A week after the leaked Supreme Court draft opinion in Dobbs v. Jackson Women’s Health Organization made waves, and communities are still processing the impact of a decision that is likely to end abortion access as it exists today. While the official SCOTUS decision has yet to be released, groups around the country continue to ramp up efforts to increase abortion access and expand support for various reproductive health measures.
And for some people fighting to protect and expand reproductive health and abortion includes increasing Democratic control of the Senate to ensure the passage of legislation that would codify the right to have an abortion. In a new video, Jessica Knight-Henry, deputy executive director at the Democratic Senatorial Campaign Committee (DSCC), draws a connection between abortion bans and increased restrictions on maternal health outcomes.
“States with more abortion restrictions have higher rates of maternal and infant mortality, which disproportionately affects Black women and their families,” Knight-Henry began. “Black women are three times more likely to die from pregnancy-related causes, and overturning Roe will only worsen this crisis. My own story is one of survival. And I know I’m one of the lucky ones. That I’m not another Black maternal mortality statistic.”
An August 2021 study from Tulane documented the relationship between abortion restrictions and higher maternal mortality rates. Sharing her personal story, Knight-Henry explained that she had postpartum symptoms of heart palpitations that her physician ignored until it was almost too late.
“A few months after giving birth and returning to the workforce, I went to my doctor and expressed concerns because I was having severe symptoms and heart palpitations. I was told I was overreacting,” Knight-Henry shared. “Three months later, I underwent my first of two heart procedures after being diagnosed with pregnancy-induced heart failure.”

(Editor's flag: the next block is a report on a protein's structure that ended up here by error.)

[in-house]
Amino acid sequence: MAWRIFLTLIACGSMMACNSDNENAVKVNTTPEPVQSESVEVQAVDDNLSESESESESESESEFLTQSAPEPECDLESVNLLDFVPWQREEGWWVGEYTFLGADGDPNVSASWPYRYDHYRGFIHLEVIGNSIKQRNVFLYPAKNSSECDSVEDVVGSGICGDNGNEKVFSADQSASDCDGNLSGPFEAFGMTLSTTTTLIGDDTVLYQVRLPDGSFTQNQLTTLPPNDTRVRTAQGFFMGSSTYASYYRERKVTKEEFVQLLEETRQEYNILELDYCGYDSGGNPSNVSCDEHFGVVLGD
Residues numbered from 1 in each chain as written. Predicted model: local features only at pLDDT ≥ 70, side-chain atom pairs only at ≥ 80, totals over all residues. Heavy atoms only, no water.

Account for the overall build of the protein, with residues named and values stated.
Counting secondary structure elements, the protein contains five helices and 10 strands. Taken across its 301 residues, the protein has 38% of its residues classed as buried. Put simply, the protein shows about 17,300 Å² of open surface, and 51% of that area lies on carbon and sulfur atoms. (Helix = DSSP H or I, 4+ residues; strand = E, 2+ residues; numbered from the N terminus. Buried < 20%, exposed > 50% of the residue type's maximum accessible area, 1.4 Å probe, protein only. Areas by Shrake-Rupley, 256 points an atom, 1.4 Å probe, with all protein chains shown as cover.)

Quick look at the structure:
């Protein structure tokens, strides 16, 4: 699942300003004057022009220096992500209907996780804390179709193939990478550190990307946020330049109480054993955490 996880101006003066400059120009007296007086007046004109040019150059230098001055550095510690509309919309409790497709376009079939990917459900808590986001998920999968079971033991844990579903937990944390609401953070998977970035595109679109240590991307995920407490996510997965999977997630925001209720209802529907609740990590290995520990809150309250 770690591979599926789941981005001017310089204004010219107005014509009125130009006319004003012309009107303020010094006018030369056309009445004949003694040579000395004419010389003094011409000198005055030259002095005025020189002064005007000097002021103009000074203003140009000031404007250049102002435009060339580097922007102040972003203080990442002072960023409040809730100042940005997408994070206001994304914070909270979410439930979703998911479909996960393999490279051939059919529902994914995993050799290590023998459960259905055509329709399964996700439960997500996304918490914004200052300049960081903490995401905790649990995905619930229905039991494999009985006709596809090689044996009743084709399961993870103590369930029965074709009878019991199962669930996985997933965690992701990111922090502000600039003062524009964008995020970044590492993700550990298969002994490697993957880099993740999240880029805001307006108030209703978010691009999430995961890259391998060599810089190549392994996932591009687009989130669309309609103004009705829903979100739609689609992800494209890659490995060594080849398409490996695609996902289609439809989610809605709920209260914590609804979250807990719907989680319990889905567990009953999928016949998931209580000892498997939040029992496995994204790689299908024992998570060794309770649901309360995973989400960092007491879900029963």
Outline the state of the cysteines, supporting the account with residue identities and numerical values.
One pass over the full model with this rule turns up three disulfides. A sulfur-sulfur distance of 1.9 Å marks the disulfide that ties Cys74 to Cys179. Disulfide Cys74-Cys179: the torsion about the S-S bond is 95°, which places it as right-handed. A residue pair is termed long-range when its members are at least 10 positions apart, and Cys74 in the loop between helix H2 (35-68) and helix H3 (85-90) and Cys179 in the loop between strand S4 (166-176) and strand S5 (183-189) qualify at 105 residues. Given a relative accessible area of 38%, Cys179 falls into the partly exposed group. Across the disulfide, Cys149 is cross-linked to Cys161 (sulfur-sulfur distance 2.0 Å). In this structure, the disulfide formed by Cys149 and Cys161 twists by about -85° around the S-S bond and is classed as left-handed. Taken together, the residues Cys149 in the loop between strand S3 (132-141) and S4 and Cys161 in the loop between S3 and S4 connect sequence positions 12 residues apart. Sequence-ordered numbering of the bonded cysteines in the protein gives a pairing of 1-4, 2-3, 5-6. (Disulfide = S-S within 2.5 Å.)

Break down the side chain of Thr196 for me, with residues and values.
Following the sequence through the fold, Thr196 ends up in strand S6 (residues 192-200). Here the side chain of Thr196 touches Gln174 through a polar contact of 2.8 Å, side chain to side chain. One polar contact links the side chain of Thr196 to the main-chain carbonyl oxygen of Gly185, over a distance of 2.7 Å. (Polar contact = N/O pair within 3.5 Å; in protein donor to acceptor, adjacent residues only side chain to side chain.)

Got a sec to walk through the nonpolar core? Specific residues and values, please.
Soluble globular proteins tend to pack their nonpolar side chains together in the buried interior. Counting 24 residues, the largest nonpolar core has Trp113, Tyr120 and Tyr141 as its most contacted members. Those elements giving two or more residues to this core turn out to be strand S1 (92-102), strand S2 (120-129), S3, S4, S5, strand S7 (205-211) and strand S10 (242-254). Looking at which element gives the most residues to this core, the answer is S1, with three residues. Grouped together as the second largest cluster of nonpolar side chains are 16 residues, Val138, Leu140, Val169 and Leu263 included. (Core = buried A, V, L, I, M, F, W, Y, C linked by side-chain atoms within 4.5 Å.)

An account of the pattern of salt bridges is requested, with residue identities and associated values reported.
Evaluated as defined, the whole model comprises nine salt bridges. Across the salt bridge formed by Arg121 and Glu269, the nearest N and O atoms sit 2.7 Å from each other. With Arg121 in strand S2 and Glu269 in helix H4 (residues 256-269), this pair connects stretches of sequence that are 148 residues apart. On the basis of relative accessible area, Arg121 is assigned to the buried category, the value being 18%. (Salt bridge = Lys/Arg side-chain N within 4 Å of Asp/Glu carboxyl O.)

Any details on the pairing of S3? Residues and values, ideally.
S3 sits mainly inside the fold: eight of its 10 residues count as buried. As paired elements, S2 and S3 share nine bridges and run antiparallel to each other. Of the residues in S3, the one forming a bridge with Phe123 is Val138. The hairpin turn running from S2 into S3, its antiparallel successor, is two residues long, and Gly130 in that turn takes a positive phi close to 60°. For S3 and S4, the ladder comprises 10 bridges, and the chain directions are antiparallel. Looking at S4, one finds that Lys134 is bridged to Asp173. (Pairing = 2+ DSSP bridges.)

A study released in December 2020 found that Black pregnant women were still significantly more likely to have heart-related complications during pregnancy when compared to white women, even when controlling for economic status. Some of the findings observed that pregnant Black women were 57 percent more likely to have a stroke, 45 percent more likely to die in a hospital and 42 percent more likely to develop a blood clot in the lungs.
According to the American Heart Association Stroke, heart disease is a top ten cause of death for pregnant women 20-44. In a heart health fact sheet, the association noted that less than 50% of pregnant women have good heart health at the start of their pregnancies.
Before joining the DSCC, Knight-Henry served as a national development director for Supermajority, an organization committed to pooling the power of women as voters and grassroots leaders to move the country forward in a way that benefits everyone and not a select few. Knight-Henry told NewsOne that this fight is personal to her.
“I was nearly another Black maternal mortality statistic, and my own story isn’t unique: banning abortion and restricting access to health care services will have especially dire consequences for Black women and women of color across our country,” Knight-Henry said. “Voters know that the stakes of this election have never been higher. Senate Republicans have spent months campaigning on overturning Roe v. Wade – and the November election will now determine whether the GOP will be able to impose cruel new punishments and restrictions on women.”
Abortion restrictions and limited access to obstetrical and gynecological care in many counties exacerbate maternal health outcomes for many across the country. And for those in rural areas, the situation is even more dire when hospital closures are factored in.
An analysis from the Center for Reproductive Rights provides a side-by-side comparison of restrictions by state with the supportive policies for maternal health. The data shows this is a time for expanding access to reproductive care, including abortion, not restricting or eliminating it.
Some of the change needed to bring approaches to reproductive health services in line with the reality of people’s experiences is at the state level. But Knight-Henry suggests expanding Senate Democratic control will ensure passage of necessary federal legislation such as the Women’s Health Protection Act.
Research also shows that 60 percent of maternal deaths are preventable, suggesting the focus of legislation at the state and federal levels should be on expanding reproductive health, not restricting it. Recently, Tufts University launched a Black Maternal Health Center.
Knight-Henry shared that voters can prioritize reproductive health by supporting Democratic candidates running for Senate in upcoming elections.
“Voters will stand with Democrats to protect and expand our Senate majority and keep these intimate, personal health care decisions between a woman and her doctor,” she said.
Watch the full video below:
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